Francesco Saverio Geminiani (5 December 1687 ? 17
September 1762) was an Italian violinist,
composer, and music theorist.
Born at Lucca, he received lessons in music from
Alessandro Scarlatti, and studied the violin under
Carlo Ambrogio (Ambrosio) Lonati in Milan and
afterwards under Arcangelo Corelli. From 1707 he
took the place of his father in the Cappella
Palatina of Lucca. From 1711, he led the opera
orchestra at Naples, as Leader of the Opera
Orchestra and concertmaster, which gave him many
opportunities for contact with Alessandro
Scarlatti. After a brief return to Lucca, in 1714,
he set off for London, where he arrived with the
reputation of a virtuoso violinist, and soon
attracted attention and patrons, including William
Capel, 3rd Earl of Essex, who remained a
consistent patron. In 1715 Geminiani played his
violin concerti for the court of George I, with
Handel at the keyboard.
Geminiani made a living by teaching and writing
music, and tried to keep pace with his passion for
collecting by dealing in art, not always
successfully. Many of his students went on to have
successful careers such as Charles Avison, Matthew
Dubourg, Michael Christian Festing, Bernhard
Joachim Hagen, and Cecilia Young.
After visiting Paris and residing there for some
time, he returned to England in 1755. In 1761, on
one of his sojourns in Dublin, a servant robbed
him of a musical manuscript on which he had
bestowed much time and labour. His vexation at
this loss is said to have hastened his death.
He appears to have been a first-rate violinist.
His Italian pupils reportedly called him Il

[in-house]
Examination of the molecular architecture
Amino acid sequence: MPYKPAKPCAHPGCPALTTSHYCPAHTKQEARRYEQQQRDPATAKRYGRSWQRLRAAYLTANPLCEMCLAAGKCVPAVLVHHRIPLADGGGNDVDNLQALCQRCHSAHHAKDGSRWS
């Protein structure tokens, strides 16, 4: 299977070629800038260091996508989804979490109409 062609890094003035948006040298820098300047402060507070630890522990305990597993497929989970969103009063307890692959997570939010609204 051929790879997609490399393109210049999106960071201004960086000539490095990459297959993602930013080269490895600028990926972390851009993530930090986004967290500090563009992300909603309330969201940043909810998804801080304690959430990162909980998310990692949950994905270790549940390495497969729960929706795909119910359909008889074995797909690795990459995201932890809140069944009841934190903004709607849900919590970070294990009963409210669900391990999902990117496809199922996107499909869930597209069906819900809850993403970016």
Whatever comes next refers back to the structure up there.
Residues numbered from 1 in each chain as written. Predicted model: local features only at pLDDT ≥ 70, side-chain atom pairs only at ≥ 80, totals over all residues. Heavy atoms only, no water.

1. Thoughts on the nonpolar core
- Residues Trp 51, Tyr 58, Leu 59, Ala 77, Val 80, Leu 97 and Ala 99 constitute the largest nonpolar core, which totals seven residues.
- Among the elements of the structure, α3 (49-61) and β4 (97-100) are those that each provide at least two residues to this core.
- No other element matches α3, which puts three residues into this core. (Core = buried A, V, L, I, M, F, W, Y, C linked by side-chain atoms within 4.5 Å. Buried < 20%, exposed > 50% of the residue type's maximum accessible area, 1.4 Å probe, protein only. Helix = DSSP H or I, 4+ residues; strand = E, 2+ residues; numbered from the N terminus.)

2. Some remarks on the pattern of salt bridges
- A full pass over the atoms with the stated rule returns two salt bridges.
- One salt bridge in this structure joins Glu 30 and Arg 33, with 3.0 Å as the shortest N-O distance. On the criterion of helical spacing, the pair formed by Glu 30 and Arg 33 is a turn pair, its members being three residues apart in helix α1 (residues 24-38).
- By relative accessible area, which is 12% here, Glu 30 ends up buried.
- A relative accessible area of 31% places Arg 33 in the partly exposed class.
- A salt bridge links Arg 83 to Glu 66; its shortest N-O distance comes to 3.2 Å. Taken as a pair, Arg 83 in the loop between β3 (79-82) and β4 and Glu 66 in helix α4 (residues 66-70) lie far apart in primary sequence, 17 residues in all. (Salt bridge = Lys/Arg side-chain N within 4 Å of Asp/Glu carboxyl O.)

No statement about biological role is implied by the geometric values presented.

Furibondo, the Madman, because of his expressive
rhythms. He is best known for three sets of
concerti grossi, his Opus 2 (1732), Opus 3 (1733)
and Opus 7 (1746), (there are 42 concerti in all)
which introduce the viola as a member of the
concertino group of soloists, making them
essentially concerti for string quartet. These
works are deeply contrapuntal to please a London
audience still in love with Corelli, compared to
the galant work that was fashionable on the
Continent at the time of their composition.
Geminiani also reworked a group of violin sonatas
from his teacher Corelli into concerti grossi.
His Art of Playing the Violin published in London
(1751) is the best-known summation of the 18th
century Italian method of violin playing, and is
an invaluable source for study of late Baroque
performance practice, giving detailed information
on vibrato, trills, and other violin techniques.
His Guida harmonica (c.1752, with an addendum in
1756) is one of the most unusual harmony treatises
of the late Baroque, serving as a sort of
encyclopedia of basso continuo patterns and
realizations. There are 2236 patterns in all, and
at the end of each pattern is a page number
reference for a potential next pattern; thus a
student composer studying the book would have an
idea of all the subsequent possibilities available
after any given short bass line.
Geminiani published a number of solos for the
violin, three sets of violin concerti, twelve
violin trios, The Art of Accompaniment on the
Harpsichord, Organ, etc. (1754), Lessons for the
Harpsichord, Art of Playing the Guitar (1760) and
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